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About Stoopid

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  • Birthday 09/12/1954

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  1. Wonder how he felt at playing no part in Manchester City's defeat at Anfield? Seems clear Pep has his doubts and, let's face it, RM's career has basically stalled since he went there. At least in terms of feeding the ego that he seems to feel a top player should have.
  2. I think the best moment I ever had watching a match that didn't involve Leicester was Alan Sunderland's last-gasp winner in the 79 Cup Final. Watched it in Kilburn with my Arsenal-supporting Irish uncle and got nearly as pumped as him when that went in. Massive club currently struggling, bound to come good again. But - I agree - Mourinho isn't the answer...
  3. Even though it knocks us down a place, like to see a Man City win. It keeps the top 2 in reach and, more importantly, punctures the Scouser's sense of invulnerability - esp at home. We are genuine contenders for the title this year, there is no doubt in my mind!
  4. Frank Worthington for sheer effortless beauty. Ridiculous ability that made it seem as if he was operating in a different reality to the rest of us. Which, of course, he was.
  5. Agree with this. I began my Leicester-supporting saga in the early 60s and was pretty sure I'd never see a better side in the Royal Blue. Of course, the 15/16 heroes changed everything, but still - in purely footballing terms - I felt Gillies' side had the edge. Ranieri's men had incredible spirit and self-belief, but the 60s lads brought a style and occasional beauty to Filbert Street that -as I say - I thought would never be matched. Until now. The spirit of the title-winners and the style of the early 60s side seem to have come together in our present team. To have achieved that so soon after our unlikely title triumph (when it would have been so easy to slowly decline) reflects great credit on everybody associated with the club. There's never been a better time to be a Leicester fan. But being a perverse old bleeder I find that strangely worrying.
  6. Noticed many recent clangers perpetrated by the BBC. It used to be a reliable reference in matters of grammar etc., but that seems less important to them these days. We may hope for an improvement, but it's probably in vein...(sorry).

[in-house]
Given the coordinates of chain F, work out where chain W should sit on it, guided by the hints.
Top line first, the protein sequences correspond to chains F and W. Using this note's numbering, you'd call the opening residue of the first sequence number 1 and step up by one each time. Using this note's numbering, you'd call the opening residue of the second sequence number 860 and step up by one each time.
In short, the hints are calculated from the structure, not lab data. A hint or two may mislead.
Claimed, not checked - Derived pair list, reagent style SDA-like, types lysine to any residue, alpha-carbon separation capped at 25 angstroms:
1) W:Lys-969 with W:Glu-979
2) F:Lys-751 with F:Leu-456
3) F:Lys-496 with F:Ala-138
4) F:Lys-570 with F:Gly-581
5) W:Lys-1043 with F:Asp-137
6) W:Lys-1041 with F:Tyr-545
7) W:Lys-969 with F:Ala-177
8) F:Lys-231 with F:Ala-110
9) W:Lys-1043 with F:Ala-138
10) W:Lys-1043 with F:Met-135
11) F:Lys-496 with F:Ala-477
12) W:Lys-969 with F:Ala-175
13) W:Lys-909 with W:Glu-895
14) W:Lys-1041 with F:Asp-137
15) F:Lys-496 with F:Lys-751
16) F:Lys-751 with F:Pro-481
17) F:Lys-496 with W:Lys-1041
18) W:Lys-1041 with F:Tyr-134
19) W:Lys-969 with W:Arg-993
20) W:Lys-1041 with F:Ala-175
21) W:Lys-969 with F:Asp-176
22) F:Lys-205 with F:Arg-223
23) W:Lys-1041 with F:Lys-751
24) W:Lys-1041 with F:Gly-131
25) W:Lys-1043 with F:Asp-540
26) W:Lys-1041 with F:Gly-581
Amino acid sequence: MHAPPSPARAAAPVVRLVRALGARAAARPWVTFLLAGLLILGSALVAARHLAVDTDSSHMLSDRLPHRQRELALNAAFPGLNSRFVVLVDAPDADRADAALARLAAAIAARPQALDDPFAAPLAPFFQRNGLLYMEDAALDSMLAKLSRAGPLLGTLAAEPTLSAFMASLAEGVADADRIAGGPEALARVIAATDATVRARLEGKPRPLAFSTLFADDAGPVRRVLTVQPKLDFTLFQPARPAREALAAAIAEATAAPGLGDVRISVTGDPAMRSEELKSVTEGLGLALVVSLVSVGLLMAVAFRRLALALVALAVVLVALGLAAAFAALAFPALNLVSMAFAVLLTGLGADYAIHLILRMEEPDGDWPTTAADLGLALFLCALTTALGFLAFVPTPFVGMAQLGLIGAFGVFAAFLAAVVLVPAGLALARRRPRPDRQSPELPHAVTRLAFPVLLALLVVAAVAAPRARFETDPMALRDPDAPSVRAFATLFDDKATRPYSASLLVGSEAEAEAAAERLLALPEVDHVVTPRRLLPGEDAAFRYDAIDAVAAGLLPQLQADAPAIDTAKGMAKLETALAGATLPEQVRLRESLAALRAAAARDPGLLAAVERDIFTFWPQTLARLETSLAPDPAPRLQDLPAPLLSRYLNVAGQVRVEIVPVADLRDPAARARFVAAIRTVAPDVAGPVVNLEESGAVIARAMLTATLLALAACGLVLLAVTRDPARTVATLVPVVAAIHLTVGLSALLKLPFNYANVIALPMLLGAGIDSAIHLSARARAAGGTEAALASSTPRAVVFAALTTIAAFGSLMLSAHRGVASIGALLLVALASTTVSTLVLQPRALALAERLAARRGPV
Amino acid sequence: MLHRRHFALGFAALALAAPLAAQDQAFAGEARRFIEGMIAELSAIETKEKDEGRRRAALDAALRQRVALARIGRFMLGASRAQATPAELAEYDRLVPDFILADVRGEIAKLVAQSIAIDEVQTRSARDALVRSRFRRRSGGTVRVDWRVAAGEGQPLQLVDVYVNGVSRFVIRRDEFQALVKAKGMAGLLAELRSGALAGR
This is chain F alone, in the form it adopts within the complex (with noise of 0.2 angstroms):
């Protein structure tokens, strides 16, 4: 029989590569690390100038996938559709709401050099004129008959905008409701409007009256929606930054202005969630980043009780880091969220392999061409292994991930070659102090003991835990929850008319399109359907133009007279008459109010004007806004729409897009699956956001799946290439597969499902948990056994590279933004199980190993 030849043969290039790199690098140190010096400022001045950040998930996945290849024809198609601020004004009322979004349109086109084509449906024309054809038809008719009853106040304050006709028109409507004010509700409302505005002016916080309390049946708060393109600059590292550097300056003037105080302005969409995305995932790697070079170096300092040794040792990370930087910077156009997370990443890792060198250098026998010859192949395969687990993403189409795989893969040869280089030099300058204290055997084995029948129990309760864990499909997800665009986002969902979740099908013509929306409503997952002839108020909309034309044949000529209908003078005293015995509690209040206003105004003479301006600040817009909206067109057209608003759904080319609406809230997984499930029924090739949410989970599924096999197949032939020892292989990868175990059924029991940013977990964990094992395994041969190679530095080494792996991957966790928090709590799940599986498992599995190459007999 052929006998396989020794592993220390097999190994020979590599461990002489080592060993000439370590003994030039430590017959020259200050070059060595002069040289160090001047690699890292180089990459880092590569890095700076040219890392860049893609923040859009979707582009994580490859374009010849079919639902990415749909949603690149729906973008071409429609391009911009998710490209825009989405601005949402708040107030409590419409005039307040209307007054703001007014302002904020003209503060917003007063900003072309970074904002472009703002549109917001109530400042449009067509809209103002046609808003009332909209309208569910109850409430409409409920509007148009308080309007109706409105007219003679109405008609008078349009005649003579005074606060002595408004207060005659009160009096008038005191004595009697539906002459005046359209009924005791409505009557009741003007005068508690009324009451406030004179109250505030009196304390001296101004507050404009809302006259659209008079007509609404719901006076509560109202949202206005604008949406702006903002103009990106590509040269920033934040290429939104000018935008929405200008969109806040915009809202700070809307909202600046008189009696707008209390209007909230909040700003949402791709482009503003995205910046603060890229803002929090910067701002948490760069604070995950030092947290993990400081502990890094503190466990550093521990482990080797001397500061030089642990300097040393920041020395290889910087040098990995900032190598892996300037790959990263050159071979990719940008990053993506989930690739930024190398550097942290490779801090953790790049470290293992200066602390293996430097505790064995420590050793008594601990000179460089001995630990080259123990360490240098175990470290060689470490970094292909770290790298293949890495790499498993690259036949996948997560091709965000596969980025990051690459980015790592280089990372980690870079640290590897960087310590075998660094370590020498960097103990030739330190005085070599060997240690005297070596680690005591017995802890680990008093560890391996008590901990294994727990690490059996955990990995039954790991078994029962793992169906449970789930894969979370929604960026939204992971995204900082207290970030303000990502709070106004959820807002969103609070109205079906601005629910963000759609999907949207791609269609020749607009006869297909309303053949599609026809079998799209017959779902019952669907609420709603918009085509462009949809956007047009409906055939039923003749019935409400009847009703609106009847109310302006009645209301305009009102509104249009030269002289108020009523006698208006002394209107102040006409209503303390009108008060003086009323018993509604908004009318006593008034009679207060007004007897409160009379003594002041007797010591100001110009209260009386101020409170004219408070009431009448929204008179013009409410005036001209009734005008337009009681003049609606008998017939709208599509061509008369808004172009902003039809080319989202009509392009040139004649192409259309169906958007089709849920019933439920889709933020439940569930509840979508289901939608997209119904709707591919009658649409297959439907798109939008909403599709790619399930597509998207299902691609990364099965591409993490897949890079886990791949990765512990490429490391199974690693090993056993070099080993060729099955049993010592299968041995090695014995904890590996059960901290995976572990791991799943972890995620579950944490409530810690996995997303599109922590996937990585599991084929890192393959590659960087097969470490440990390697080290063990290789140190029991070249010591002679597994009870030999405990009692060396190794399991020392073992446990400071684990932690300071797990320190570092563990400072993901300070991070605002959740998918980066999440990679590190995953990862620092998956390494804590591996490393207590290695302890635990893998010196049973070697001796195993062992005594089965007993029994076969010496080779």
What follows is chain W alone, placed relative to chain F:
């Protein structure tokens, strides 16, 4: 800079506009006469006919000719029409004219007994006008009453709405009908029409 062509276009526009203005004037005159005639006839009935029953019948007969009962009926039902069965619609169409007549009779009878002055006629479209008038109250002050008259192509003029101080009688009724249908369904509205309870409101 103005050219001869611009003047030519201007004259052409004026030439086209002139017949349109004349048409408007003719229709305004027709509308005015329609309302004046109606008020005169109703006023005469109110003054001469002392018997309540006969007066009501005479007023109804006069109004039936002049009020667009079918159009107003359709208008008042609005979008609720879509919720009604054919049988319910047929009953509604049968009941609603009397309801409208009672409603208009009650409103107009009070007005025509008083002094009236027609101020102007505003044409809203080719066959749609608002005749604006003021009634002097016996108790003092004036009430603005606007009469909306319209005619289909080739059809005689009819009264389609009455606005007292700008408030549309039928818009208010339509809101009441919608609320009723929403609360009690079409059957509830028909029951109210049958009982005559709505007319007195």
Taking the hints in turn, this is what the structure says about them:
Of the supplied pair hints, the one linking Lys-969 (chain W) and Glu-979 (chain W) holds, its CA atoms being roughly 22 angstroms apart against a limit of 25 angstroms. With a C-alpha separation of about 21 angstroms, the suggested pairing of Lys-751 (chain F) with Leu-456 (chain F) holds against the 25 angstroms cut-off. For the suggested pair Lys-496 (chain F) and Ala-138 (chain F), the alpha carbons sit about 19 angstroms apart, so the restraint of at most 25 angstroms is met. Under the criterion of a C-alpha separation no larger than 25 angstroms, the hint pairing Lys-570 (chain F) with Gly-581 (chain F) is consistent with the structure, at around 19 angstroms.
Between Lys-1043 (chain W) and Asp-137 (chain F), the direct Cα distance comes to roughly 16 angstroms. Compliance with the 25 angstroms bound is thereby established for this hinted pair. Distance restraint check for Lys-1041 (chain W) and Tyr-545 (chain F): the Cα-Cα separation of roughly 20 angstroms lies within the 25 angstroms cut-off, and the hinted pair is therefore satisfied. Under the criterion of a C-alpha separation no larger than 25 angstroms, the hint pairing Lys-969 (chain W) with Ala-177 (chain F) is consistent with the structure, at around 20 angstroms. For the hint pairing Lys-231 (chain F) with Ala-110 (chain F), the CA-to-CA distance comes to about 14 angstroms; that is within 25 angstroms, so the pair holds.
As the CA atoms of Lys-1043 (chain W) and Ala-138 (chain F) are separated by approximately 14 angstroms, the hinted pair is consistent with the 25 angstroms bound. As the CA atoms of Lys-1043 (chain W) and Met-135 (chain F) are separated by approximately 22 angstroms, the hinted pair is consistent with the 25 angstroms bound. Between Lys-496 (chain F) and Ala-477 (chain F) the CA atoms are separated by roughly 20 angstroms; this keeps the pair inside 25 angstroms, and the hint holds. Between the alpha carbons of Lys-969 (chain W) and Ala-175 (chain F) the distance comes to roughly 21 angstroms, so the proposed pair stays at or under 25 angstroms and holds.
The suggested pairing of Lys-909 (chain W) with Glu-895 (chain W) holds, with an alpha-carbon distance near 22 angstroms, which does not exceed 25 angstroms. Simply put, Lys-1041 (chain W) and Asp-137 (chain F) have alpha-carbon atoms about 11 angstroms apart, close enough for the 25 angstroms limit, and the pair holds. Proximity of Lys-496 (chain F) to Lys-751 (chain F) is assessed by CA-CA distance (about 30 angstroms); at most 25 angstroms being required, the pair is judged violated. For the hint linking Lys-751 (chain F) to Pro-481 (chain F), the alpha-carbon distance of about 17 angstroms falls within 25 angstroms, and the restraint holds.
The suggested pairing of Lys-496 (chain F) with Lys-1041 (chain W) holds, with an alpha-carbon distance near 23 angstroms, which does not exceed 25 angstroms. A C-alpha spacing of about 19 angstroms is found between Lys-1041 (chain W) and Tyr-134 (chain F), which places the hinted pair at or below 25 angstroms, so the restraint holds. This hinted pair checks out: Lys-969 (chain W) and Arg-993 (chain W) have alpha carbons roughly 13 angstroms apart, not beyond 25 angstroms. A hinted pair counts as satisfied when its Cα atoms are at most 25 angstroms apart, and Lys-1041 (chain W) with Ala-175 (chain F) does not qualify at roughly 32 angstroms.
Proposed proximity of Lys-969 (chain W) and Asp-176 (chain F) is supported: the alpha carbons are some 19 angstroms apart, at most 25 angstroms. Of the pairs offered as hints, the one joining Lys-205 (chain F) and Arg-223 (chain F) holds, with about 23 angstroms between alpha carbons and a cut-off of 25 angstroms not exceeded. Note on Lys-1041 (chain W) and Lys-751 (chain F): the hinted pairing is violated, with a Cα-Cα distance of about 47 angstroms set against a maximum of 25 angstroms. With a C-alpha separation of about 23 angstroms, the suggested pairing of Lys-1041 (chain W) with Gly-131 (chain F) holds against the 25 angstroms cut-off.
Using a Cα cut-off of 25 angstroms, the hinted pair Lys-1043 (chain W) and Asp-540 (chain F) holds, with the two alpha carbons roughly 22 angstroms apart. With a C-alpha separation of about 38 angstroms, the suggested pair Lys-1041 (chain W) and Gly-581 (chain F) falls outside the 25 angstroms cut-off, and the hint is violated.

7. Kudos for the Ferris reference - on the whole an interesting discussion. I'm not going over my position again, though but...
  8. Couple of things there. First, you say the mega-rich have no influence on the rest of us. Well, apart from funding the Conservative Party -in fact all parties on the Right - and forming the vast majority of the Cabinet, not to mention the Press you may have a point. And 'as long as they pay a decent chunk of tax'...come on, mate. The examples of the rich avoiding tax are so egregious and widespread it would be tedious to even begin on that well-worn path.And 'we're all wealthier' Are we? The news that came out yesterday about the unprecedented use of food banks would suggest otherwise. 'The politics of envy' - a stick used to beat the left since the heady days of Victorian paternalism, and as meaningless then as it is now. Envy has nothing to do with it...I don't want to be rich - and I certainly don't want to be like the rich! I'd just like to see a society where money is used as an instrument to unite society rather than divide it. There is more than enough money and wit in this country to provide a society where decent housing, education and employment are available for all of its citizens. But as long as we run the place on the Daddy knows best lines implicit in laissez-faire Toryism we'll get nowhere.
  9. This back & forth is getting increasingly pointless. It's clear you're not getting my point(s) as your answering specific paragraphs by simply restating your view clearly demonstrates. And - try as I might - I couldn't quite shake any meaning out of that last bit, but let's leave it, eh? As that great social and cultural commentator Terry Collier put it; 'Some fell on stony ground.'